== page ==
Figure 1. Topology of Connexin 26 and examples of mutations in CX26 associated with epidermal dysplasia and hearing loss. N amino terminus; E1 extracellular loop 1; E2 extracellular loop 2; TM transmembrane domain. Mutations in red indicate ‘Class 2black, ‘Class 3 and blue ‘Class 4 mutations (see Section 2.2).

The Epithelium and the Tissue Barrier

The structure of epithelial tissue depends on its function. In general, epithelial tissues are classified by their stratification, being simple, transitional or stratified. Simple epithelium composes surface-forming epithelia in contact with the basement membrane (e.g., epithelium of nephric tubules, trachea and secretory glands). The transitional epithelium has some cells in contact with the basement membrane and are surface-forming (e.g., epithelium of urinary bladder). Stratified epithelium is composed of a basal layer, in contact with the basement membrane and the only cells which can divide, and a superficial stratum, where the cells undergo two processes of differentiation: keratinisation non-cornification (e.g., epithelium of oral cavity, oesophagus, vagina) or keratinisation and cornification (e.g., epidermis, nail plate) [1]. The epithelium also plays a central role in body fluid secretions including heat and emotional responses via eccrine, apocrine and sebaceous glandular secretions that are tightly regulated and express a range of connexin proteins [11][12][13]. Skin appendages including the hair follicles and nails also extend from the stratified epidermis where connexins play a significant role in the hair follicle cycle and reviewed elsewhere [13][14]. This review will focus primarily on examples of the role of CX26 and CX43 in epithelial tissue including stratified epithelium such as the epidermis and cornea and simple epithelium including the lining of the respiratory and intestinal tracts. Table 1 summarises the expression profile of CX26 in human tissue.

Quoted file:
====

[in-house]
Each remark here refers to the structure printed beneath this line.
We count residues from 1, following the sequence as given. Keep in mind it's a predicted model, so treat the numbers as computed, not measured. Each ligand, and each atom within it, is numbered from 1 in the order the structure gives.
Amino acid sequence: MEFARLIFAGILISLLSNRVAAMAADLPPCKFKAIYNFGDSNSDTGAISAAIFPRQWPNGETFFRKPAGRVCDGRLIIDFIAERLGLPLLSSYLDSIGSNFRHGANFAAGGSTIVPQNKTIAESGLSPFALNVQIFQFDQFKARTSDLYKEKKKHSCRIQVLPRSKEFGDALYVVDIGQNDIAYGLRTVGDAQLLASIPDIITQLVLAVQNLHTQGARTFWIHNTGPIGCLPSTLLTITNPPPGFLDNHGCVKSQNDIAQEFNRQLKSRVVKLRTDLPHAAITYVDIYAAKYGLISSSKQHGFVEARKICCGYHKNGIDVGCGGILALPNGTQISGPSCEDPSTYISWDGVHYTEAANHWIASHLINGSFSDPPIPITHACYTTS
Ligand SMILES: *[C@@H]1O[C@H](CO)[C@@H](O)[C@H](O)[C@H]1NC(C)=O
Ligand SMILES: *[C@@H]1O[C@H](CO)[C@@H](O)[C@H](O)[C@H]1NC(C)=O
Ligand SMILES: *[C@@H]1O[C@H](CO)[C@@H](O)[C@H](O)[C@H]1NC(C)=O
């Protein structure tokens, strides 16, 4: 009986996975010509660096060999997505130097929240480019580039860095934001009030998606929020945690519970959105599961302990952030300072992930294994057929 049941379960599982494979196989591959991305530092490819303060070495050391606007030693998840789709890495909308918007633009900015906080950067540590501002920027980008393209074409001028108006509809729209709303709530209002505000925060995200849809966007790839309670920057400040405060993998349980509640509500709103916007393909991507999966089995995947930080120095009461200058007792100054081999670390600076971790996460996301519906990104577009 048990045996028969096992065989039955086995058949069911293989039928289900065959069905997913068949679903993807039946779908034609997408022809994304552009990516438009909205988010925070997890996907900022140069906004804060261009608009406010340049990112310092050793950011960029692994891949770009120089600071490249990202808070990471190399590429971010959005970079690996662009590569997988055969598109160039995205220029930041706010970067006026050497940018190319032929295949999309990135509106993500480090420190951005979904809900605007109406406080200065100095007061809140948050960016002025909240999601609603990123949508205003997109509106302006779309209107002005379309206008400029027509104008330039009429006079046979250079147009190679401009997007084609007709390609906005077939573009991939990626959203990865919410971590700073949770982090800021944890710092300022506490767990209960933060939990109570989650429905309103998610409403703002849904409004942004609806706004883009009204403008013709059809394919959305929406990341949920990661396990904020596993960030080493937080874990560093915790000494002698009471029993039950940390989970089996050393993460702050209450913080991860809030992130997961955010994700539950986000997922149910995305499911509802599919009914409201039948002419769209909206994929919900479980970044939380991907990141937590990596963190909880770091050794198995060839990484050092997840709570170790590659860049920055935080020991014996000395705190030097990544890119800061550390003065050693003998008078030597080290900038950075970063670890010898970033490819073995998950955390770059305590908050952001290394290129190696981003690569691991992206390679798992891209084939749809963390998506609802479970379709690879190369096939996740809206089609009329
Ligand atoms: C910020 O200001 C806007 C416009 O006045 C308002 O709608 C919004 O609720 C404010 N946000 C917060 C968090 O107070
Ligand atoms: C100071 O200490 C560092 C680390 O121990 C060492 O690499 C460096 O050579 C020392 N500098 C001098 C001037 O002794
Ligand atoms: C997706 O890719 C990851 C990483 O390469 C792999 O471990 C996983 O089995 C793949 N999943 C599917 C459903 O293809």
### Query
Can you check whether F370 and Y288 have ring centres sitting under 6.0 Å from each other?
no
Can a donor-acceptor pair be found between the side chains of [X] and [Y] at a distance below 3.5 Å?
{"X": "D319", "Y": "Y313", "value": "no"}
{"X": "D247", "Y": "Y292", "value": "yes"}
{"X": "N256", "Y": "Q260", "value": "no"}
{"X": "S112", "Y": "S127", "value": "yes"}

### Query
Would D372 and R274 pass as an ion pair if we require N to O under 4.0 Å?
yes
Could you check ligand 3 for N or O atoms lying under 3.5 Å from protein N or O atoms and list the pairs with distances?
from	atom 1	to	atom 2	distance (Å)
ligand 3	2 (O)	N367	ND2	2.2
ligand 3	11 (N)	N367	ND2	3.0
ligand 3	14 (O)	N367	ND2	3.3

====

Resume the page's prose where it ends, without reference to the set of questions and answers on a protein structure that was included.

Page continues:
Table 1. Expression of CX26 in human tissue.

System or organ

Tissue or structure

Cell type

References

Skin

Epidermis

Keratinocyte

[13][15]

Spinous layer

Granular layer

Appendages

Sebaceous gland

 

[13][15]

Eccrine sweat gland and ducts

Hair follicle.

Outer root sheet

Inner root sheet: Henley and Huxlye

Hair shaft: Cortex and Medulla

Matrix

Brain

Occipital cortex

Astrocyte (glia)

[16]

Diencephalon

Leptomeningeal cells

Medulla oblongata

 

Caudate nucleus

 

Digestive system

Stomach

Epithelial cells

[17]

Small intestine

Muscularis externa cells

Colon

 

Endocrine and exocrine glands

Salivary glands

Acinar cells

[18][19][20]

Pancreas (serous acini)

Beta cells

Pituitary (adenohypophysis)

 

Parathyroid

Principal cells

Thyroid (follicles)

 

Preputial ducts

 

Lacrimal (serous acini)

 

Parotid (serous acini)

 

Liver

Periportal hepatocytes

Kidney

Proximal tubule

 

[21]

Reproductive system

Endometrium (luminal epith.)

Basal glandular cells

[22][23]

Preimplantation embryo

Blastocysts

Placenta

Syncytiotrophoblasts

Myometrium